“Dark Age” by Mothlite is a fascinating exercise in widening musical horizons, its mix of electronica, modern rhythms and ‘80s influences combining to produce a subtle, multi-layered album. This is the band’s second album, following 2008’s “The Flax Of Reverie”, and is once again the product of collaboration between English composer and multi-instrumentalist Daniel O’Sullivan (Sun O))) and Ulver) and Norwegian producer Knut Jonas Sellevold (King Knut and Elektrofant), along with guest musicians including Kristoffer Rygg of Ulver. It’s clearly an album on which all concerned are exploring, assembling each of their various influences into an individual and engaging sound.
At times the ‘80s influences are obvious, at other times it’s the modern that dominates. Before you move along with all this talk of ‘80s music, assuming there’s nothing to see here, you should consider that it references some of the most interesting bands from that decade – Talk Talk, Japan, Cocteau Twins, Tears For Fears – who were all, in their own way, experimental and progressive (by which I mean they pushed the boundaries of their own particular musical genres, and generally stood out from their contemporaries).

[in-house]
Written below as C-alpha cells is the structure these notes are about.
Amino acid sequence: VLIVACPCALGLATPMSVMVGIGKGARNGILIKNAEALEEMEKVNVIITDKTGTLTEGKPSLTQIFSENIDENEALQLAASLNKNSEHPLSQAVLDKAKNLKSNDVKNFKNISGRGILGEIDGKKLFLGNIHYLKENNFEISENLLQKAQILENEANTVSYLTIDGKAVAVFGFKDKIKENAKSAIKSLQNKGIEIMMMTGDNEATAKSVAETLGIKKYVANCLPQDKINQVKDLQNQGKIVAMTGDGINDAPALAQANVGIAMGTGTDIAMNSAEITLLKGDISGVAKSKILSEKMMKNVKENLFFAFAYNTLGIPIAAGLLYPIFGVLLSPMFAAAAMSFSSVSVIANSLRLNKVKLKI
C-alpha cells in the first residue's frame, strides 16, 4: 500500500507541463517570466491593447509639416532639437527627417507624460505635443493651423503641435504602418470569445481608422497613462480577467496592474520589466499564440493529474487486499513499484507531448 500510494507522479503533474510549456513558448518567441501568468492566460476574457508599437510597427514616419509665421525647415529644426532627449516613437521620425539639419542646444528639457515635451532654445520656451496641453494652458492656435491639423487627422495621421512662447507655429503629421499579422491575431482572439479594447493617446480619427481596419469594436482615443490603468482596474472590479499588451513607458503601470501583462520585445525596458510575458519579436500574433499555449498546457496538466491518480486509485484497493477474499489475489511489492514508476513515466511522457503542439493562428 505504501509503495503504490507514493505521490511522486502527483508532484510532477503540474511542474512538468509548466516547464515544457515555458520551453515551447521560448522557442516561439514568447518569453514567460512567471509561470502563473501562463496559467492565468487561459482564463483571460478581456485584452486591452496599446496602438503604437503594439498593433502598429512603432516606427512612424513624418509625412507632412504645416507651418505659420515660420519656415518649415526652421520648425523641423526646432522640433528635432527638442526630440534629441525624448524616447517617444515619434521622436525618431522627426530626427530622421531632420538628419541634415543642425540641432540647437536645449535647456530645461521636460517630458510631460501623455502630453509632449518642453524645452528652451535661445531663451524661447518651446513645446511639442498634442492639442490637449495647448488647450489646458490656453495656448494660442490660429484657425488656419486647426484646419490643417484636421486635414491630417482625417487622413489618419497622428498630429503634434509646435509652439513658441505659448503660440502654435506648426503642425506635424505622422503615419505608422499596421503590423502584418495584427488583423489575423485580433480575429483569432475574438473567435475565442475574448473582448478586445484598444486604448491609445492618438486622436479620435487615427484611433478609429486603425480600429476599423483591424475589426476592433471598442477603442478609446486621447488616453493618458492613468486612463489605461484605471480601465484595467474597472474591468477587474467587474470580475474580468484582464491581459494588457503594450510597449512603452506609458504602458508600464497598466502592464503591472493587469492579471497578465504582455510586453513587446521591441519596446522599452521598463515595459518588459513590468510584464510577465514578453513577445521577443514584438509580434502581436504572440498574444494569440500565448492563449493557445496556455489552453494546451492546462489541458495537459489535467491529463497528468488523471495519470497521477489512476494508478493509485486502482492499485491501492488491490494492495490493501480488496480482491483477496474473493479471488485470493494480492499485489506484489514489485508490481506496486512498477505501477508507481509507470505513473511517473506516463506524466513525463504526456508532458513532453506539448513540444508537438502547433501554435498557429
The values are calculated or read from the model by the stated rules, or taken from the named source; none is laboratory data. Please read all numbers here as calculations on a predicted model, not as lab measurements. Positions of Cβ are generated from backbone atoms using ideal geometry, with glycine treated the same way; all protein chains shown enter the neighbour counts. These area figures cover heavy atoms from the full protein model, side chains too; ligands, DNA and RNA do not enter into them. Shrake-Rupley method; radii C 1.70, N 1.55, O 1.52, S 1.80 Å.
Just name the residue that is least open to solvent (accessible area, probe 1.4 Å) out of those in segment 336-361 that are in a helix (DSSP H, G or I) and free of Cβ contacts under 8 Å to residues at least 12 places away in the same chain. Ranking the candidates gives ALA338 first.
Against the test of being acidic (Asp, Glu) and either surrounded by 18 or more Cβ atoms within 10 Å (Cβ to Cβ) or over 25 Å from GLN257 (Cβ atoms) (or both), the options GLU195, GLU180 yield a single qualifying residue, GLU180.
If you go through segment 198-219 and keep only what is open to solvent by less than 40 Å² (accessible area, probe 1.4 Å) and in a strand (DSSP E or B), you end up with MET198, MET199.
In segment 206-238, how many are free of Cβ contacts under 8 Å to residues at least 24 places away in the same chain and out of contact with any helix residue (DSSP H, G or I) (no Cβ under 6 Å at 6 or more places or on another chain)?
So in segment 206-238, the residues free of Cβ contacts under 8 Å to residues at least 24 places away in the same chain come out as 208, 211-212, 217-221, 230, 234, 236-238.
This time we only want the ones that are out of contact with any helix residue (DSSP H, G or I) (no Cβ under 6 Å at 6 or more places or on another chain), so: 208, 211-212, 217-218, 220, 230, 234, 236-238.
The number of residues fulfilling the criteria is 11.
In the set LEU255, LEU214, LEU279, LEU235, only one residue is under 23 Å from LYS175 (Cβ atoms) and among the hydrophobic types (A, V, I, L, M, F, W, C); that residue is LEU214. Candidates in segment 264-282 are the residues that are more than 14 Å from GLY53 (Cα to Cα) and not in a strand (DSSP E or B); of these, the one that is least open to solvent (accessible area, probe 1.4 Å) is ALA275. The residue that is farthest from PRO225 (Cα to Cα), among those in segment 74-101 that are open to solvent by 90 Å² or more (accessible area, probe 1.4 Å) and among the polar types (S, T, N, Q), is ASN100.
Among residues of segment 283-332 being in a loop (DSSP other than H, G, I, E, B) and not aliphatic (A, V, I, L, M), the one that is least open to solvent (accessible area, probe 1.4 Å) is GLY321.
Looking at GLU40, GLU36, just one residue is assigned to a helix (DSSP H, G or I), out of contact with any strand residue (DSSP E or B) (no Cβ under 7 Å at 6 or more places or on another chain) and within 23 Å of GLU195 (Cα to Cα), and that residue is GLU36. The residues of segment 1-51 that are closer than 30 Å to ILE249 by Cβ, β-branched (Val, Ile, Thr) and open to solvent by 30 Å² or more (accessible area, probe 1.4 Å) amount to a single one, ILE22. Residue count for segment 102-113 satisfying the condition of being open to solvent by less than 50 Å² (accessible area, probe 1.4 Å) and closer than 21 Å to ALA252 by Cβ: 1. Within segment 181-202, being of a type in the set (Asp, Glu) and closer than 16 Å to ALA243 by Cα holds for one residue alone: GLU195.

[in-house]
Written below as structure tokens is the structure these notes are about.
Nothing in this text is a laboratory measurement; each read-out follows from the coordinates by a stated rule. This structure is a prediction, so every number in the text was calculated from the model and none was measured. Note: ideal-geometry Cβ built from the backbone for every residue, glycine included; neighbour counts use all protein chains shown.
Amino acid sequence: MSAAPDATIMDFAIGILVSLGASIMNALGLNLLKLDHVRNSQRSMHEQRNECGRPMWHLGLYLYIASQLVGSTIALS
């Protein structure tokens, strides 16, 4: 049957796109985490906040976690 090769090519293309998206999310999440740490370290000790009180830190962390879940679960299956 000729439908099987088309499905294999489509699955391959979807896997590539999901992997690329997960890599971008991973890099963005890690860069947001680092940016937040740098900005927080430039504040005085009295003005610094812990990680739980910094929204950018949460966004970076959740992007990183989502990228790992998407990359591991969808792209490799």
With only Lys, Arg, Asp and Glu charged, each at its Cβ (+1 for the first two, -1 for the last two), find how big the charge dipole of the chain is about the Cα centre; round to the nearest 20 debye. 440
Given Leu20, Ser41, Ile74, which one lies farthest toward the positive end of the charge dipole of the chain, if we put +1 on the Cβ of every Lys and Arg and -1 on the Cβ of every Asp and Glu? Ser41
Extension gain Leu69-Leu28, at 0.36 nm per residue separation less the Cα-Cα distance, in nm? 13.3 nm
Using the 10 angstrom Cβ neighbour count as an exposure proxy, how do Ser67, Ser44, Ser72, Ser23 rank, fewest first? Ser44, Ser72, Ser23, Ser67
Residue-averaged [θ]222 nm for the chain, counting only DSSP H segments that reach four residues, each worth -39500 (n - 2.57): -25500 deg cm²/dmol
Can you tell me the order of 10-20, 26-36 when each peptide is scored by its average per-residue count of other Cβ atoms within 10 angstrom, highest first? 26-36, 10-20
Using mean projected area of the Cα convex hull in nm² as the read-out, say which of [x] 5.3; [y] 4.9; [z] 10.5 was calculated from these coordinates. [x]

There’s something slightly dark about the music of Mothlite, a bit edgy, always atmospheric, with decidedly modern production values and some really quite wonderful arrangements.
A song like “Something In The Sky”, for example, has a Tears For Fears-like chorus and could have been written in 1985; but it’s also obvious to modern ears that it’s a product of 2012. One might liken its sound in some ways to Depeche Mode at their most dramatic and expansive, almost ethereal in its melodies and arrangement. The combination of the best of two distinct decades is one of the real strengths of this album.
“Dark Age” (the song) begins with a typically electropop – almost harsh – percussive theme, which it proceeds to combine with an uplifting, euphoric chorus by way of some clever song writing.
What you have to be prepared for is the electronic nature of “Dark Age”’s 11 songs; it’s dense, a haunting soundscape that has little truck with the mores of guitar-driven rock music. There are complexities in its composition, the time signatures in songs such as “Milk” demand serious concentration, and the emotions it evokes are many and various. Each subsequent listen will reveal something new, hidden in the mix of each song.
“Dark Age” is an album that should be listened to properly, not put on as an accompaniment to some other activity. Instead, pull up a chair, pour yourself a drink and just listen: there are musical worlds in here, many of them really quite beautiful.